On January 12, 2015, California's Office of Environmental Health Hazard Assessment ("OEHHA") proposed modifications to California's controversial Proposition 65 regulations. As any company that does business in California should know, Proposition 65 requires that a warning be provided for any product that contains one of hundreds of chemicals identified on the Proposition 65 list if there is any risk of a person being exposed to the listed chemical above a specified threshold. As a result, one is bombarded with Proposition 65 warnings from the point one disembarks onto the jet bridge until the time one arrives at his/her hotel and orders room service. OEHHA's proposed amendments to Proposition 65 appear to do little to ease the regulatory burden on companies that do business in California and/or minimize the burden of having to read all of the Proposition 65 warnings.

Overview of Proposed Changes

Warnings Must Now Identify Specific Chemicals: OEHHA has listed the following 12 chemicals which must be identified by name in any Proposition 65 warning: Acrylamide; Arsenic; Benzene; Cadmium; Carbon Monoxide; Chlorinated Tris; Formaldehyde; Hexavalent Chromium; Lead; Mercury; Methylene Chloride; and Phthalates.

Modified "Safe Harbor" Language: In order to avail oneself of the "safe harbor" warning, the warning must state that a product "can expose you" to a chemical or chemicals as opposed to the old "safe harbor" language that merely required that the warning state that the product "contains a chemical" that is known to the State to cause cancer or reproductive toxicity. In addition, for the following consumer products and services, specific warnings would be required: food and dietary supplements; alcoholic beverages; restaurant foods and non-alcoholic beverages; prescription drugs; dental care; furniture; diesel engine exhaust; parking facilities; amusement parks; designated smoking areas; petroleum products; service station and vehicle repair facilities.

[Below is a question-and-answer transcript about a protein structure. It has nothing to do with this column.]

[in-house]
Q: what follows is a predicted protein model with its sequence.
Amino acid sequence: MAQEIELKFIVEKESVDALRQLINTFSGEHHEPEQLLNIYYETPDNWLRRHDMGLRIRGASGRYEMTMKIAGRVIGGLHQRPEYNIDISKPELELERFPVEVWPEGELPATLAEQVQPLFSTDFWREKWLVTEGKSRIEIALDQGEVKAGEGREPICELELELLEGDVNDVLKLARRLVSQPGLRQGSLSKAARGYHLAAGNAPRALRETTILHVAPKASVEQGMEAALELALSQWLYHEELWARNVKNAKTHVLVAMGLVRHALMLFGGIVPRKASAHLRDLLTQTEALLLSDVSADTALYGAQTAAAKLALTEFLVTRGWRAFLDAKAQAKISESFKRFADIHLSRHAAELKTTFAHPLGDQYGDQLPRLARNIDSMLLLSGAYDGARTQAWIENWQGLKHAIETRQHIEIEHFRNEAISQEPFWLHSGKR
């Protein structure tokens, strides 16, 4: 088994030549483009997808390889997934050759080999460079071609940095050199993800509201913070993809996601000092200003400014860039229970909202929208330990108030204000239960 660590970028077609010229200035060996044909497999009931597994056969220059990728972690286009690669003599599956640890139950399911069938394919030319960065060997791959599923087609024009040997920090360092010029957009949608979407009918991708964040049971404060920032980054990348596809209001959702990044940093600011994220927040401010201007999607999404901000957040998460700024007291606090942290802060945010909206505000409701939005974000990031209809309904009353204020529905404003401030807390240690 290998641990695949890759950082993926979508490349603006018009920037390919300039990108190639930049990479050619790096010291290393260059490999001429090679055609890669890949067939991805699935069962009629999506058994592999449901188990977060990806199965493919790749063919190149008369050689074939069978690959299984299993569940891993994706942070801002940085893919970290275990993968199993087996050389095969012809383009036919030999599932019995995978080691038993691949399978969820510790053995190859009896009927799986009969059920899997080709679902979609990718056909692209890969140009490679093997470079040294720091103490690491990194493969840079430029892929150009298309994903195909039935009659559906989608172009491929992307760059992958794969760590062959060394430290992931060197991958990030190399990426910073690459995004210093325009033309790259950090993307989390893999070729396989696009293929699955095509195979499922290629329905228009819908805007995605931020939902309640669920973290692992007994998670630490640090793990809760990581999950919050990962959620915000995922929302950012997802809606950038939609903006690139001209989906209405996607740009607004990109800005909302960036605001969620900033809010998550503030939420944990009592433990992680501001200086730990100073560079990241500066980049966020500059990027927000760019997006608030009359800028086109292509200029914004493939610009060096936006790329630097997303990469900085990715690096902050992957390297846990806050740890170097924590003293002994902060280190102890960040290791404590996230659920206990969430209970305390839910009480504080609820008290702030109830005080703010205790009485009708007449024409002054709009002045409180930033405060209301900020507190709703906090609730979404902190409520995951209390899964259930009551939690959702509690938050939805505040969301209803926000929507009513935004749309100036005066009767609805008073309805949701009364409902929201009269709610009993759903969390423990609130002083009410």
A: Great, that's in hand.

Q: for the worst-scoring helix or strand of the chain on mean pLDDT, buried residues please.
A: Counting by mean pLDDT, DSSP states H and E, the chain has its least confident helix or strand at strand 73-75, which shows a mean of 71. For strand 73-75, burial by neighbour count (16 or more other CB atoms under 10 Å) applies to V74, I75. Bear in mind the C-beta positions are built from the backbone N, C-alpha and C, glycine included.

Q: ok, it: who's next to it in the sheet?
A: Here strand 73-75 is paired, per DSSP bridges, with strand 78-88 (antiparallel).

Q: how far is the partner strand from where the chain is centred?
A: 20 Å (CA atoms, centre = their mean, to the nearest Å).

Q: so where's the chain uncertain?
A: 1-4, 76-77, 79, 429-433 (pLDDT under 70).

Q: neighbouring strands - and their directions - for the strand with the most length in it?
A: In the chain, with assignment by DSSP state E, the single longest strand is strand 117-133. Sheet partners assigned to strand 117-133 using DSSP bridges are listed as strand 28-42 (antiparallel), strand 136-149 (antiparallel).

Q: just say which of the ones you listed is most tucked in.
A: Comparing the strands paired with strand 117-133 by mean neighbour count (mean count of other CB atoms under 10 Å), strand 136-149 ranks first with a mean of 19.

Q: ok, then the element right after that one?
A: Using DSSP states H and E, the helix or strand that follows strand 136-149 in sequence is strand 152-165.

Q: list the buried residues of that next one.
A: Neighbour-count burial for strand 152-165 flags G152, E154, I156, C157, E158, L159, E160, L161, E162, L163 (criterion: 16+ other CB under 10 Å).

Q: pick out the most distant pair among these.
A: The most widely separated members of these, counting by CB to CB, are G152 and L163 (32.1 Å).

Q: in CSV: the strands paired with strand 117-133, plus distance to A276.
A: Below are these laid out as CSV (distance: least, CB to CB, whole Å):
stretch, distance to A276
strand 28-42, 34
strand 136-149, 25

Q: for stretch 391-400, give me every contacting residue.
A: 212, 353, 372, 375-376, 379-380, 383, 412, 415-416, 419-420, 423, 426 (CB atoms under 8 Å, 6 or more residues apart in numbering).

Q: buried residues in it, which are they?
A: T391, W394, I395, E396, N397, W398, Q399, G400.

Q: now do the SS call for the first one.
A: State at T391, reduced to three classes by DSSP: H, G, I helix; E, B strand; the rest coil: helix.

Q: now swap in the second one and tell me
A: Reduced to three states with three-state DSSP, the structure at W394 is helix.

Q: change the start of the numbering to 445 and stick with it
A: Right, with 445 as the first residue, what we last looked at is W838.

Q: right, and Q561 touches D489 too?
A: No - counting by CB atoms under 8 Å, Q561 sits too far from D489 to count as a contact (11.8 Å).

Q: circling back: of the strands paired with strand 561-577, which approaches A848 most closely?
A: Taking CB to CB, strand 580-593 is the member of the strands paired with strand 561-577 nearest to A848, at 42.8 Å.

New Lead Agency Website: The proposed regulations would also create a new section on the OEHHA website that would provide detailed information on products and exposures. OEHHA would also have the authority to request that businesses provide more detailed information, including estimated levels of exposure for listed chemicals.

Limited Responsibility for Retailers: Retailers would be relieved from Proposition 65 liability in most circumstances and the responsibility for providing the requisite Proposition 65 warning would fall squarely on the manufacturer, distributer, producer and/or packager.

OEHHA will be accepting written comments on the proposed changes until April 8, 2015. Not surprisingly, OEHHA's proposed regulations have not been warmly received by industry and it is expected that affected businesses and trade associations will be submitting comments in opposition to these proposed amendments. Please click here and here to see the text of the proposed amendments.